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Afghanistan: Deepening Crisis

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By Ajit Kumar Singh
Research Fellow, Institute for Conflict Management

While the rest of the world has focused its attention towards bloodbath in the Arab World, where the Islamic State of Syria and al Sham (ISIS), now rechristened as Islamic State, has created havoc, Afghanistan is plunging deeper into chaos. The political upheaval arising out of the power struggle following the disputed presidential elections has added to the people's misery, as the security scenario deteriorates rapidly.

In a daring attack, on July 17, 2014, heavily armed Taliban terrorists gained access to a building under-construction near Kabul International Airport and launched an attack on the Airport with grenades and automatic weapons. Though the Afghan Interior Ministry claimed that "not a single rocket" had landed inside the Airport, the attack, which lasted for nearly five hours, led to the closure of the Airport. The attack eventually ended with all the six terrorists killed. While five of the attackers were shot dead by Policemen, Deputy Interior Minister for Security, Mohammad Ayub Salangi, disclosed that the area was "completely cleared", adding, "The last insurgent has just blown himself up, because he knew [Afghan Forces] were on the way to capture him." One trooper also sustained injuries.

On the same day, armed Taliban cadres attacked a convoy carrying a presidential security team in the Zurmat District in Paktia Province. Four guards were wounded in the ensuing gun battle. The security team was travelling to Urgun District (in neighbouring Paktika Province) to prepare for the President's visit there. The convoy pushed ahead despite facing another two ambushes by the insurgents, and reached its destination without sustaining any further casualties. Four vehicles of the President's security convoy were damaged by rocket fire.

President Hamid Karzai was to visit Urgun District to sympathize with the families of 89 people who had been killed in a suicide attack on July 15, 2014. The suicide bomber, driving a truck packed with explosives, had blown himself up when he was stopped by the Afghan National Security Forces (ANSF) in a busy market area.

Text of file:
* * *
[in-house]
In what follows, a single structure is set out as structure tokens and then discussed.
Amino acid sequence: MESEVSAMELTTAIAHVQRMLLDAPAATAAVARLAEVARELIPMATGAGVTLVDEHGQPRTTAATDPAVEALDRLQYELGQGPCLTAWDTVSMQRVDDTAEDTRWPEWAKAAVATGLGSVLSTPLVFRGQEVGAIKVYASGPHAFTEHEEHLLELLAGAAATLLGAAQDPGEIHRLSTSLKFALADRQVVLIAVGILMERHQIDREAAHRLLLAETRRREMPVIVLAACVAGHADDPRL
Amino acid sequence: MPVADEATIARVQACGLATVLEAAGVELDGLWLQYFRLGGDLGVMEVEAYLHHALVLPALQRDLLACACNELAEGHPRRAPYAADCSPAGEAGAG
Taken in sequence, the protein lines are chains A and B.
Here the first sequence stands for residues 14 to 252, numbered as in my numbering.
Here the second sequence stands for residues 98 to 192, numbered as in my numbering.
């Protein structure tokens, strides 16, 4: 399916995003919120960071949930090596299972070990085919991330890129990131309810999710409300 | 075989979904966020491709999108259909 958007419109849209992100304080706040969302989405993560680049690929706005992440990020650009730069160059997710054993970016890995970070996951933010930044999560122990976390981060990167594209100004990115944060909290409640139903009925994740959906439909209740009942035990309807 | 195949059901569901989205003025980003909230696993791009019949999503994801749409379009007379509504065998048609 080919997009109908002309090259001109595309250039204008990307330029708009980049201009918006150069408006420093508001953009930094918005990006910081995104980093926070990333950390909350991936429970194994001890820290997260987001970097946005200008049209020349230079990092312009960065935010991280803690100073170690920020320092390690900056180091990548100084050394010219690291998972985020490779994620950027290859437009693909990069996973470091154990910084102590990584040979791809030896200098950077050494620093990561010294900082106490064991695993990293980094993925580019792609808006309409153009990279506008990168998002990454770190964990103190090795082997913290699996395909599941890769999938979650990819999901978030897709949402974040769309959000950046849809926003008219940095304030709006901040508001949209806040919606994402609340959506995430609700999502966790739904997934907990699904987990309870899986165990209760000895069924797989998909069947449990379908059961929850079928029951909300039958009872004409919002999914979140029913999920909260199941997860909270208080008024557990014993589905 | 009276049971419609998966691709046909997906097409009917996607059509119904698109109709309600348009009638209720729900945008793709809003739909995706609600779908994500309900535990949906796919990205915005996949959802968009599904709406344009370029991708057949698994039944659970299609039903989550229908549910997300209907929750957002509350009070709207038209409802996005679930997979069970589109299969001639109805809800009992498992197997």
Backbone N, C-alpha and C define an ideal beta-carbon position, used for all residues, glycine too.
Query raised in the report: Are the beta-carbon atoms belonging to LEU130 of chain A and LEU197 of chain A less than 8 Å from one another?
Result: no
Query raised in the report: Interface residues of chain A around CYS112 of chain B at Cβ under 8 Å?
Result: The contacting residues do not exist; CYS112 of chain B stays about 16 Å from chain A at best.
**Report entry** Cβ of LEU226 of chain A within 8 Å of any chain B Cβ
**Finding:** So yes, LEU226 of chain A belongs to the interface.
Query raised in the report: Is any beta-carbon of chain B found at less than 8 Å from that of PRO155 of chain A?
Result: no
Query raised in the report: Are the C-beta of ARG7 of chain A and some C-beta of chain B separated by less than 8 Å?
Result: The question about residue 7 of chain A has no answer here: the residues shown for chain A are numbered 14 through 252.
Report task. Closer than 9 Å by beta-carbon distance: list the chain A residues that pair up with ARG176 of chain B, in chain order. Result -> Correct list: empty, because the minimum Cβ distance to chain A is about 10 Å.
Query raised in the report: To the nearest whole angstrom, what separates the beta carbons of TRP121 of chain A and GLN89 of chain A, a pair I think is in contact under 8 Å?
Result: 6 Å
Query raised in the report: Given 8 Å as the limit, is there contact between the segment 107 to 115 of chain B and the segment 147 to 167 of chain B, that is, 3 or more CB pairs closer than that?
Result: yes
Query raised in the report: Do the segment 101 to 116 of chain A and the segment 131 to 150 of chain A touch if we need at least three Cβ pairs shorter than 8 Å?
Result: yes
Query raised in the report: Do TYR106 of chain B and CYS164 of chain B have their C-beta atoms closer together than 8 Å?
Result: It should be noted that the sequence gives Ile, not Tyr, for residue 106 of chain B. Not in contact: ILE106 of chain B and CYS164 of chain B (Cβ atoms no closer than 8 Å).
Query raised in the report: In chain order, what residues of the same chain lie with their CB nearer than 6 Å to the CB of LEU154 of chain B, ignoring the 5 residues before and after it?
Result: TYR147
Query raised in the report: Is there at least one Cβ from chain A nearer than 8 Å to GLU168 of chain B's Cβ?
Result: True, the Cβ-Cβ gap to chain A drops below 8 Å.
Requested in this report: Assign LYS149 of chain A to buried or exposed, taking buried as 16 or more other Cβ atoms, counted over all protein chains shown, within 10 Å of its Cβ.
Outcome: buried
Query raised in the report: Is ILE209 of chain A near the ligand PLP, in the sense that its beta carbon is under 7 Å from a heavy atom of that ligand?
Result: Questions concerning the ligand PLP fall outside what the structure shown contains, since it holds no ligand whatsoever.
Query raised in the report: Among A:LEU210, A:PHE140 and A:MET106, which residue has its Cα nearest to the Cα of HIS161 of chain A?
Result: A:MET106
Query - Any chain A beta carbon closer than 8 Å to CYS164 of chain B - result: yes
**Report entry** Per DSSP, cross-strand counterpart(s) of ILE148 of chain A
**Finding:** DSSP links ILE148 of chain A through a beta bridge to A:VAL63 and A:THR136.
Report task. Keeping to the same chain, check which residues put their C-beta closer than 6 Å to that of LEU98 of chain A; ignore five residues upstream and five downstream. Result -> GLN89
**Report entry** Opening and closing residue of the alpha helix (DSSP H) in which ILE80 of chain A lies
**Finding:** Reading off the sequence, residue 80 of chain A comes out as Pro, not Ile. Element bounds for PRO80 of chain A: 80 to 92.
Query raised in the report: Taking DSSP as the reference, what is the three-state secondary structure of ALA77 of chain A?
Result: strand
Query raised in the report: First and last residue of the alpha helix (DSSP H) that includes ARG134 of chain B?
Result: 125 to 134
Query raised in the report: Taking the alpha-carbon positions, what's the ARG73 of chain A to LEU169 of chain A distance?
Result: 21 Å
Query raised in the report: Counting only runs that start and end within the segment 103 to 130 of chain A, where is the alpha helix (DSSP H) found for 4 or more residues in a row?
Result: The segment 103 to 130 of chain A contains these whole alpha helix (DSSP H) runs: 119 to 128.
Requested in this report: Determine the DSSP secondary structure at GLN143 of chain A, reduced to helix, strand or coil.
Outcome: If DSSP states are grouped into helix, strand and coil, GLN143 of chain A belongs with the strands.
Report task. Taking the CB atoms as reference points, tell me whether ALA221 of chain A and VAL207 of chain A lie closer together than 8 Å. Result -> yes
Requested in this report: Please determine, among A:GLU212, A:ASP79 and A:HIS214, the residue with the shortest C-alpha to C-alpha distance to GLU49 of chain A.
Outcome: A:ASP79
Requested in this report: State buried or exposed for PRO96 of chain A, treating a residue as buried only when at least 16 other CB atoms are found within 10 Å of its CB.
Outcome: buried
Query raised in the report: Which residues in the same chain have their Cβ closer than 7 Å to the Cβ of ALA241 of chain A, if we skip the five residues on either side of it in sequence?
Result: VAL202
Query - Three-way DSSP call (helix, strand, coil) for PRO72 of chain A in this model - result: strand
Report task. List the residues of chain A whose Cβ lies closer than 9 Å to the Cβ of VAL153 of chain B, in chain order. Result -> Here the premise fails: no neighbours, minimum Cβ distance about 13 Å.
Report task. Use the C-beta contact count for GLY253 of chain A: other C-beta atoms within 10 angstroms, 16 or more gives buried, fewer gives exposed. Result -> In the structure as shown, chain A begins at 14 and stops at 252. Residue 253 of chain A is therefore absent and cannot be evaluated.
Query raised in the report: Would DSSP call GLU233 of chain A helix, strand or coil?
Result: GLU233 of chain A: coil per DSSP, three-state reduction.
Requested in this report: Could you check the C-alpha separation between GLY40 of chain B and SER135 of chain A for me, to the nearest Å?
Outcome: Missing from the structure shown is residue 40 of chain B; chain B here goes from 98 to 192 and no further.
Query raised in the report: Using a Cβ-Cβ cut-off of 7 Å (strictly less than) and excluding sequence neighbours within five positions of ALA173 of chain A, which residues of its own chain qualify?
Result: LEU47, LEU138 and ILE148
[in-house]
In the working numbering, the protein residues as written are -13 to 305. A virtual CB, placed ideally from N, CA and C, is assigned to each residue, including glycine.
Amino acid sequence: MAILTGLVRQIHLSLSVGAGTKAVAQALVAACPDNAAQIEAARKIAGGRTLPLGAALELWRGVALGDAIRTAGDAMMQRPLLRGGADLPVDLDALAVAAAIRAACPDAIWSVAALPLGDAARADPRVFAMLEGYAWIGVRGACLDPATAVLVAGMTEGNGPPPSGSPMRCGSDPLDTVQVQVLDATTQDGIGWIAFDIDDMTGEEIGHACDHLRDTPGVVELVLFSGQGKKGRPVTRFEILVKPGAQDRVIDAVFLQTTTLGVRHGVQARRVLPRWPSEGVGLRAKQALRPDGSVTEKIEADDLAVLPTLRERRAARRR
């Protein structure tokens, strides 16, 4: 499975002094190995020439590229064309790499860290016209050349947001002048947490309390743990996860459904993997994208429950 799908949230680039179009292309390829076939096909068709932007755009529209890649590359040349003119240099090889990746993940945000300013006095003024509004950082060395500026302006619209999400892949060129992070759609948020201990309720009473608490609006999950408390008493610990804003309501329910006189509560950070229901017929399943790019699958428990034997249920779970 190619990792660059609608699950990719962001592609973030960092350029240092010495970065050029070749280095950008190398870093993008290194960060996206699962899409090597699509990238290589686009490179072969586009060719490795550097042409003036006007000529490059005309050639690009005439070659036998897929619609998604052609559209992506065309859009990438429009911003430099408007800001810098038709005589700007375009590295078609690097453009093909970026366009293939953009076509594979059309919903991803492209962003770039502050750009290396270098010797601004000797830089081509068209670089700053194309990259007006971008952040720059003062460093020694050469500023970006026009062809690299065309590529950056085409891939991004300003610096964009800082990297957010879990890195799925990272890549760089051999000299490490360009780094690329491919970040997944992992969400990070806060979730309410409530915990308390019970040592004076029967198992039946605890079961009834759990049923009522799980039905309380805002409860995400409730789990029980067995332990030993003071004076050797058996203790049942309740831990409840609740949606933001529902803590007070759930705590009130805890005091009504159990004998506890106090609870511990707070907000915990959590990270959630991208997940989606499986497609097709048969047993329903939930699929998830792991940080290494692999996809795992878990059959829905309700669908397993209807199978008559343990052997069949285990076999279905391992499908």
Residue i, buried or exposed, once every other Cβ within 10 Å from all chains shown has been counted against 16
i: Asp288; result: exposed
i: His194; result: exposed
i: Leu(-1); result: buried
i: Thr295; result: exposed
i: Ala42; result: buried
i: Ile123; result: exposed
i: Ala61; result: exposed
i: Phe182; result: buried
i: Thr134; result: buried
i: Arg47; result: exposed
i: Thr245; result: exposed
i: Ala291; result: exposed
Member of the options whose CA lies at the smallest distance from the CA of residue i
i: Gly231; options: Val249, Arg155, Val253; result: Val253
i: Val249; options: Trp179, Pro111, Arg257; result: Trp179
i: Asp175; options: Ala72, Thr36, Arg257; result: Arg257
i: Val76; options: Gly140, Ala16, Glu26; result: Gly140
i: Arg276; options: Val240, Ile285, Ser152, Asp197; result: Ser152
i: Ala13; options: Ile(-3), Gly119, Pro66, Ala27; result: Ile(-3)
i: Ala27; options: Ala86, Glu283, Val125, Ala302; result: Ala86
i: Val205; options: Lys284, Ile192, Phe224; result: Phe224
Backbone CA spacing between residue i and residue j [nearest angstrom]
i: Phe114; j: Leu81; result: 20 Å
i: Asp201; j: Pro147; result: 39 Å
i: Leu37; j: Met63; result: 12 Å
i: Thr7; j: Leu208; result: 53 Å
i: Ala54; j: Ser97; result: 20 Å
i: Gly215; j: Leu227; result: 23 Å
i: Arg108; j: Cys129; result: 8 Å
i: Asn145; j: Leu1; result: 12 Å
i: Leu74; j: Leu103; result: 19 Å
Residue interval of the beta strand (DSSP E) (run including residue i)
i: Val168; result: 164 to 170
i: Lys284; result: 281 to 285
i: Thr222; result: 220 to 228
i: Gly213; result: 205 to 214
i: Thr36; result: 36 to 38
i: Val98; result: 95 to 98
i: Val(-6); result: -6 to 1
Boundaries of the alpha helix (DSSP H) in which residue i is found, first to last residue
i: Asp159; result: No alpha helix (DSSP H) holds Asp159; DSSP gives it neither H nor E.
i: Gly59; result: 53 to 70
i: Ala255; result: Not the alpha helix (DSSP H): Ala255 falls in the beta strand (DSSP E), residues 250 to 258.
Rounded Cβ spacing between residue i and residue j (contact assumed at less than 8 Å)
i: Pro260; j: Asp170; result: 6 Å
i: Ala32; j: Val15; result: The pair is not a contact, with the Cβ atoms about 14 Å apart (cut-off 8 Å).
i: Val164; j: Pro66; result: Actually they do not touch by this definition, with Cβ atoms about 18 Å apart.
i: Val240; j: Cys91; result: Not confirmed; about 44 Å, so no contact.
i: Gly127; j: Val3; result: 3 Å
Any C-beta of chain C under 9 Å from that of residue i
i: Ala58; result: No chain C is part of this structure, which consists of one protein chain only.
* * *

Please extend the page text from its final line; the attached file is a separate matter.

Despite ‘repeated assurances’, the Taliban continued to target civilians through the first half of 2014. Indeed, according to a United Nations Assistance Mission in Afghanistan (UNAMA) report of July 2014, out of the 147 attacks claimed by the Taliban in which UNAMA recorded civilian casualties, 75 attacks appeared to have been directed at military targets, while 72 attacks deliberately targeted civilian objectives, including tribal elders, civilian Government and justice sector employees, and civilians in public places. Out of the 4,853 civilian casualties (1,564 civilian deaths and 3,289 injuries) in the first half of 2014, the Taliban publicly claimed responsibility for 553 civilian casualties (234 killed and 319 injured). During the same period in 2013, out of 3,919 civilian casualties (1,342 civilian deaths and 2,577 injured), the Taliban claimed responsibility for 571 civilian casualties (166 civilians killed and 405 injured) in a total of 52 attacks. Significantly, there is an increase of 17 per cent in civilian deaths and 28 per cent in civilian injuries (24 per cent overall increases in civilian casualties) in 2014, as compared to the corresponding period in the previous year. 

More worryingly, for the first time since 2009 when UNAMA began systematically documenting civilian casualties in Afghanistan, more civilians were found to have been killed and injured in ground engagements and crossfire between terrorists and SFs than any other tactic. Between January 1 and June 30, 2014, UNAMA documented 1,901 civilian casualties (474 civilian deaths and 1427 injuries) from ground engagements, as against 1,004 civilian casualties (219 civilian deaths and 785 injuries) in the corresponding period of 2013, an 89 per cent increase. Ground engagements include kinetic ground operations, crossfire, stand-off attacks and armed clashes between parties to the conflict that encompass attacks or operations in which small arms, heavy weapons and/or area weapon systems such as mortars and rockets are fired. Earlier, improvised explosive device (IED) explosions were the most preferred tactic.

The gigantic increase in ground engagements between the terrorists and SFs is, according to UNAMA,  directly related to, the closure and transfer of more than 86 International Security Assistance Force (ISAF) bases in the last half of 2013. Obviously, the ANSF, which now controls almost 93 per cent of Afghan territory and leads 97 per cent of all security operations across the country, has failed to stem the spread of the Taliban, who are increasing their physical presence across wider areas. Despite ANSF demonstrating their capabilities in a number of successful operations, tremendous vulnerabilities are increasingly visible. Indeed, varying media sources estimate that the Taliban has regrouped and now dominates an estimated 40 to 60 per cent of Afghanistan.